Mark Dery has written a very detailed book that covers the life and works of Edward Gorey from birth through death. Born in Chicago in 1925, Gorey was creating art work for school publications and plays as early as high school. Gorey was offered college acceptance at Harvard, University of Chicago, and the Art Institute, but put college on hold due to World War II. With high IQ scores, he ended up in an Army intelligence unit.
Following the war, Gorey attended Harvard and then began a career in publishing as a book editor and illustrator. He worked on books by other authors as well as publishing his own works and collaborations with others. He must have driven catalogers crazy since many of his books were published under pseudonyms that were anagrams of his own name (for example, Ogdred Weary, Raddory Gewe, D. Awdrey-Gore, among others).
In addition to being a prolific freelance book illustrator, and writer of short, illustrated books, Gorey also wrote plays, did stage and costume design, had clothing lines (including fur coats), created the opening credits for PBS Mystery! and other creative endeavors. He is best known for his black and white illustrations featuring Edwardian, Victorian and Jazz Age images.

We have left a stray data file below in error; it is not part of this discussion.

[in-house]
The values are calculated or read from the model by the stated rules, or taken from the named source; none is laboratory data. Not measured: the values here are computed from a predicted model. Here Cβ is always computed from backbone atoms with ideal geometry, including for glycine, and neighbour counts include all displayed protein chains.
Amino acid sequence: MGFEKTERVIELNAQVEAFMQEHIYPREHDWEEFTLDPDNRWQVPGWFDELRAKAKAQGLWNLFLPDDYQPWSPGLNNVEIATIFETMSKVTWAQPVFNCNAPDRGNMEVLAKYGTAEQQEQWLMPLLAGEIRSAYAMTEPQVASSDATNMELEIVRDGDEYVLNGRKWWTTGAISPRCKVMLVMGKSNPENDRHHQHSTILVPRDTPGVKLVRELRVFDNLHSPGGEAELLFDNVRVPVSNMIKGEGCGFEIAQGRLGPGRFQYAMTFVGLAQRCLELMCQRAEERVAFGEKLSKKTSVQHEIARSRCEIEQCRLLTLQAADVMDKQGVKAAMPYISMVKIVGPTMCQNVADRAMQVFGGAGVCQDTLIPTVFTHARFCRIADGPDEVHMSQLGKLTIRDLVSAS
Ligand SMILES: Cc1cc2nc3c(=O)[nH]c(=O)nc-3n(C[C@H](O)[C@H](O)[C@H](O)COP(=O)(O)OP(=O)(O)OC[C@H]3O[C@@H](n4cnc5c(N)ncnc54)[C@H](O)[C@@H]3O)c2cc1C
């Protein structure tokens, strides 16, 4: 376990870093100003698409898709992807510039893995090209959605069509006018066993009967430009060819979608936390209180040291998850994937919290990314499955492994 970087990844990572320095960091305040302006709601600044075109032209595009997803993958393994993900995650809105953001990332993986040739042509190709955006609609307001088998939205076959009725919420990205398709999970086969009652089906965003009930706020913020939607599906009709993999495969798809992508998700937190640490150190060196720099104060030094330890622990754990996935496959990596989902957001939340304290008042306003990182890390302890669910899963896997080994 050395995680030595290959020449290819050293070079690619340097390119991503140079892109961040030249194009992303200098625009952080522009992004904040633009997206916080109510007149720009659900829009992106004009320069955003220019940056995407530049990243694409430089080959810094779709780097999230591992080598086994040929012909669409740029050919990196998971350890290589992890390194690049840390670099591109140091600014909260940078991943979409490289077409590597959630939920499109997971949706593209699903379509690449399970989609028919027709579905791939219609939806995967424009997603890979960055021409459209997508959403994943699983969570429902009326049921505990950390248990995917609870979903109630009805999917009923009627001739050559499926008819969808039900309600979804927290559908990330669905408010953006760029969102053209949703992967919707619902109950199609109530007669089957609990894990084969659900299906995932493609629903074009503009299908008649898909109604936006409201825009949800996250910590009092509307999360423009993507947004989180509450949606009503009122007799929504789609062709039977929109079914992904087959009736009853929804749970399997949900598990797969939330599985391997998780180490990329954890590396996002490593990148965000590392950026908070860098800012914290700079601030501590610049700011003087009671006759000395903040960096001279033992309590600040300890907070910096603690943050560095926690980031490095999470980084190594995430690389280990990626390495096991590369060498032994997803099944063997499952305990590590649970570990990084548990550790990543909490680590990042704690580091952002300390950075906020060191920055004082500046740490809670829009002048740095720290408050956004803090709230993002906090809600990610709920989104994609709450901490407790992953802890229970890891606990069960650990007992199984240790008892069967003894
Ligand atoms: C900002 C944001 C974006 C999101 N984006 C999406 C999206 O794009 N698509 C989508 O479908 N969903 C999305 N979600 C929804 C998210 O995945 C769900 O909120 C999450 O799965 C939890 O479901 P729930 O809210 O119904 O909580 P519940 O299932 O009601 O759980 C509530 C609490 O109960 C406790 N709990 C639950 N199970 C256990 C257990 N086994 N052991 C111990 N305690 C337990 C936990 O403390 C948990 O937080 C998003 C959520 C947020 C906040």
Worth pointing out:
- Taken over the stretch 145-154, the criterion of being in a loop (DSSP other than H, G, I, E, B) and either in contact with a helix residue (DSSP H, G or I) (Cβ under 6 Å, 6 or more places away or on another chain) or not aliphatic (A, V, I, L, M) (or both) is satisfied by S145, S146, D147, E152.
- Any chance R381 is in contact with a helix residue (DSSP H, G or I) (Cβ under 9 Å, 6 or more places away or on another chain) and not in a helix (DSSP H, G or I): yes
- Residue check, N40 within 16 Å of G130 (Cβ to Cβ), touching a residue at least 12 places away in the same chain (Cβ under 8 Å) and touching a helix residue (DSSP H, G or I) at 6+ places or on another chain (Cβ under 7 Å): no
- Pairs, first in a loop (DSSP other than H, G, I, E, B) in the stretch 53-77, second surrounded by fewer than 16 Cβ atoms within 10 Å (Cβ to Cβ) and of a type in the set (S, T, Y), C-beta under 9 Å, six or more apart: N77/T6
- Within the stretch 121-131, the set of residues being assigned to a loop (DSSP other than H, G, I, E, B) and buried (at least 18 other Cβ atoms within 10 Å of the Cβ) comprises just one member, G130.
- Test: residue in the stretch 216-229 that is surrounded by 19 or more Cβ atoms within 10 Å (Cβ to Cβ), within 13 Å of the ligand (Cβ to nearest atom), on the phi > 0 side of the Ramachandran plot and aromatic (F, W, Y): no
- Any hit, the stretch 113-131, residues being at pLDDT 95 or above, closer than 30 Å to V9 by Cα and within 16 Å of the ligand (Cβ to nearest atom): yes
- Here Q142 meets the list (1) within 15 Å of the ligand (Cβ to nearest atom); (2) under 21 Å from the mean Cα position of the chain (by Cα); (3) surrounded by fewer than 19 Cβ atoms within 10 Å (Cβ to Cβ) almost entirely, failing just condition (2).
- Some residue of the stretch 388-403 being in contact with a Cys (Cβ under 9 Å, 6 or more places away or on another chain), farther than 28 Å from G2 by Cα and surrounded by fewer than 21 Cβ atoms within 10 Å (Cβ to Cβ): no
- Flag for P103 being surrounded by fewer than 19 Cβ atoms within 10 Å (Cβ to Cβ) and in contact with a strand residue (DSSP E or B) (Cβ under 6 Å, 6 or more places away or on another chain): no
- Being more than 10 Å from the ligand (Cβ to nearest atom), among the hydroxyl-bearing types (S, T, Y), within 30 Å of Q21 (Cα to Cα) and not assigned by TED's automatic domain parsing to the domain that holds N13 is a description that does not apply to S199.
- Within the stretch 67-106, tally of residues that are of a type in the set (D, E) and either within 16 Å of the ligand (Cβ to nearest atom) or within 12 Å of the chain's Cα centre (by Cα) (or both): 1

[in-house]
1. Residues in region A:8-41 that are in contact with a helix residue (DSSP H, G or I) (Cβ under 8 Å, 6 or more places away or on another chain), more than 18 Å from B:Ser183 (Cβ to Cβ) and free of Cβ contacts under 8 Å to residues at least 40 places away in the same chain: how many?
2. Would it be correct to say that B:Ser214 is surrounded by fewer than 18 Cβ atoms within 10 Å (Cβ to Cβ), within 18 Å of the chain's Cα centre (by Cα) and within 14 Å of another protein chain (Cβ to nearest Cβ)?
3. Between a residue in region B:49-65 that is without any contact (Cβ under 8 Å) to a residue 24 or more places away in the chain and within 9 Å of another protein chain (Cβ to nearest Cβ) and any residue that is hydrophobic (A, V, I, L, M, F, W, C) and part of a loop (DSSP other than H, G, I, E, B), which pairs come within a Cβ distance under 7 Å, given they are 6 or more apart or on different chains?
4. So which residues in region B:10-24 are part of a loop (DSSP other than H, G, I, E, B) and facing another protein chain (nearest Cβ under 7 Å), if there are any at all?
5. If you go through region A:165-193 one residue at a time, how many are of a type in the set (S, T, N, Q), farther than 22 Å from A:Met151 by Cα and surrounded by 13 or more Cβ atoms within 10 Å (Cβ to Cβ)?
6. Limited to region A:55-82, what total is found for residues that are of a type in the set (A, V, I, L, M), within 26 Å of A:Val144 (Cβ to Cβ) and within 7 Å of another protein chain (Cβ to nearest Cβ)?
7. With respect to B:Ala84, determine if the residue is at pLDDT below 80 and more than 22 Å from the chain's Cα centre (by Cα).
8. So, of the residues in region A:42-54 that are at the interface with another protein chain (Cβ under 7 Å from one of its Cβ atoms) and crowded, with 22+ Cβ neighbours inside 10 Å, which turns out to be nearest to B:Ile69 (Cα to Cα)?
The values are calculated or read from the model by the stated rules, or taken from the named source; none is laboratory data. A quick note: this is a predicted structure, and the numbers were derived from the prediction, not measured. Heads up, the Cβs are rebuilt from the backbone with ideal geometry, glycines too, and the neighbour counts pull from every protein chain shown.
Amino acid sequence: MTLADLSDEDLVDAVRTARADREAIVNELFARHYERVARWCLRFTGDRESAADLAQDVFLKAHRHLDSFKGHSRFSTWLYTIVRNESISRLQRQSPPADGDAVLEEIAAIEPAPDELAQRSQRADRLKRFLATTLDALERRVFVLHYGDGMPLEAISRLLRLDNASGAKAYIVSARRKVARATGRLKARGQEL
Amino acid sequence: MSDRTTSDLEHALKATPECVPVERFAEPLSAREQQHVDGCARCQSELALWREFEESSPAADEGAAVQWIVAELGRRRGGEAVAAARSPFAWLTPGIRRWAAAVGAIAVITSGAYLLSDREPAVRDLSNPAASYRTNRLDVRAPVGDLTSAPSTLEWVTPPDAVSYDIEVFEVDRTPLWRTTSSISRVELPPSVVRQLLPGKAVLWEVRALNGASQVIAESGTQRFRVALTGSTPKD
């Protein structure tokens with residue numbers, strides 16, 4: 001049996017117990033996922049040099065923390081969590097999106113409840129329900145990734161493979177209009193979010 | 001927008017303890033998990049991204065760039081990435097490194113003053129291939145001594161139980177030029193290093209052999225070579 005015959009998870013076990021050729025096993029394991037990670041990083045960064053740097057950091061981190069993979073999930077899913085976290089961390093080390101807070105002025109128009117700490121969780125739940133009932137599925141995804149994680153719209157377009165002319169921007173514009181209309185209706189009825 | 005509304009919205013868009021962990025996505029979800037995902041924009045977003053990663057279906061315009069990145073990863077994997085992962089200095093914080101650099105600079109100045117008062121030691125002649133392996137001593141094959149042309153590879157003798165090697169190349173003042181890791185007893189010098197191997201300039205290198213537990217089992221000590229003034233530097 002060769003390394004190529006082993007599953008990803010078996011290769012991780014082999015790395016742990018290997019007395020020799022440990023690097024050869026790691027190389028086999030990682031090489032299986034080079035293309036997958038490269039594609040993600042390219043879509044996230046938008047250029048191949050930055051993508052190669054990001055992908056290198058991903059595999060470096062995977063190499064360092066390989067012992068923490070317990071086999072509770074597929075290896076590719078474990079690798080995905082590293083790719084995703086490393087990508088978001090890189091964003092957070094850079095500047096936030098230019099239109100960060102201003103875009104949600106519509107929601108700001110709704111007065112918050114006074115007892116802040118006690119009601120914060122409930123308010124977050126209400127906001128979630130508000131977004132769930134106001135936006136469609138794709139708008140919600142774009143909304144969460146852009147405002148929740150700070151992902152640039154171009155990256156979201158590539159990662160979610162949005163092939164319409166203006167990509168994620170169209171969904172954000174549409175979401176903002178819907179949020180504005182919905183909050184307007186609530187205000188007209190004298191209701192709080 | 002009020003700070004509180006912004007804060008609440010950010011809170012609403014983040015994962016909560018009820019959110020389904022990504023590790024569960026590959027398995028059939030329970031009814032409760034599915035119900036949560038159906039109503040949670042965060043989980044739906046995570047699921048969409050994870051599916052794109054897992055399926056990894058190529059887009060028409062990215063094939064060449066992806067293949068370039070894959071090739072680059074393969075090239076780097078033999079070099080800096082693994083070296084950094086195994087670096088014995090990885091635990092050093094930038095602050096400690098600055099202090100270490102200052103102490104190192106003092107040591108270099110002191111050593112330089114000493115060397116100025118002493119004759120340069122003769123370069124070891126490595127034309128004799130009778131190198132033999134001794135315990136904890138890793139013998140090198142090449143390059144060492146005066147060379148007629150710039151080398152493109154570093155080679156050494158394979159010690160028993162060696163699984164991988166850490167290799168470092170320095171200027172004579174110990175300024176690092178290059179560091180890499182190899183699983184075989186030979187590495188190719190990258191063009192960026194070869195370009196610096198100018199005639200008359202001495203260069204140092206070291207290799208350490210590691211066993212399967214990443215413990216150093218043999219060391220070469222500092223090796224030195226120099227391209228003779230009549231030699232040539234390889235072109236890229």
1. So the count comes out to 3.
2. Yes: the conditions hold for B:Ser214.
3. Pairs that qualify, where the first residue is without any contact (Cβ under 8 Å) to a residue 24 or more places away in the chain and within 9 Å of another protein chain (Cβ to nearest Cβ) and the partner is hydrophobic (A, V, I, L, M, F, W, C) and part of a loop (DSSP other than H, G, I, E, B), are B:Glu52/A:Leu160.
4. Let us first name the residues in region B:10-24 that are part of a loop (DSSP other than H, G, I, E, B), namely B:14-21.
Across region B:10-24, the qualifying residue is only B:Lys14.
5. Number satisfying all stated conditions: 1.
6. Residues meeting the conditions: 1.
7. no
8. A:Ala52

He was a well-known eccentric wearing long fur coats and sneakers, living with several cats, and attending every performance of the New York City Ballet for decades in the Balanchine days. He split his time between his New York City apartment and the attic in his cousins' house on Cape Cod, moving full-time to Cape Cod after Balanchine's death.
Dery interviewed many of Gorey's friends and family members and includes detailed notes and citations to other books and articles on Gorey's life. The chapters unfold chronologically and are well illustrated with photos and reproductions of many of his drawings to highlight information on various books, theatrical pieces, etc. The book ends with more than three pages detailing his books, extensive notes, and an index.
Born to be Posthumous: The Eccentric Life and Mysterious Genius of Edward Gorey can be found in the Shapiro Undergraduate Library and Fine Arts Library collections. You can find a list of many of the books written and/or illustrated by Gorey here. For more books about Gorey or his art, you can check out this list.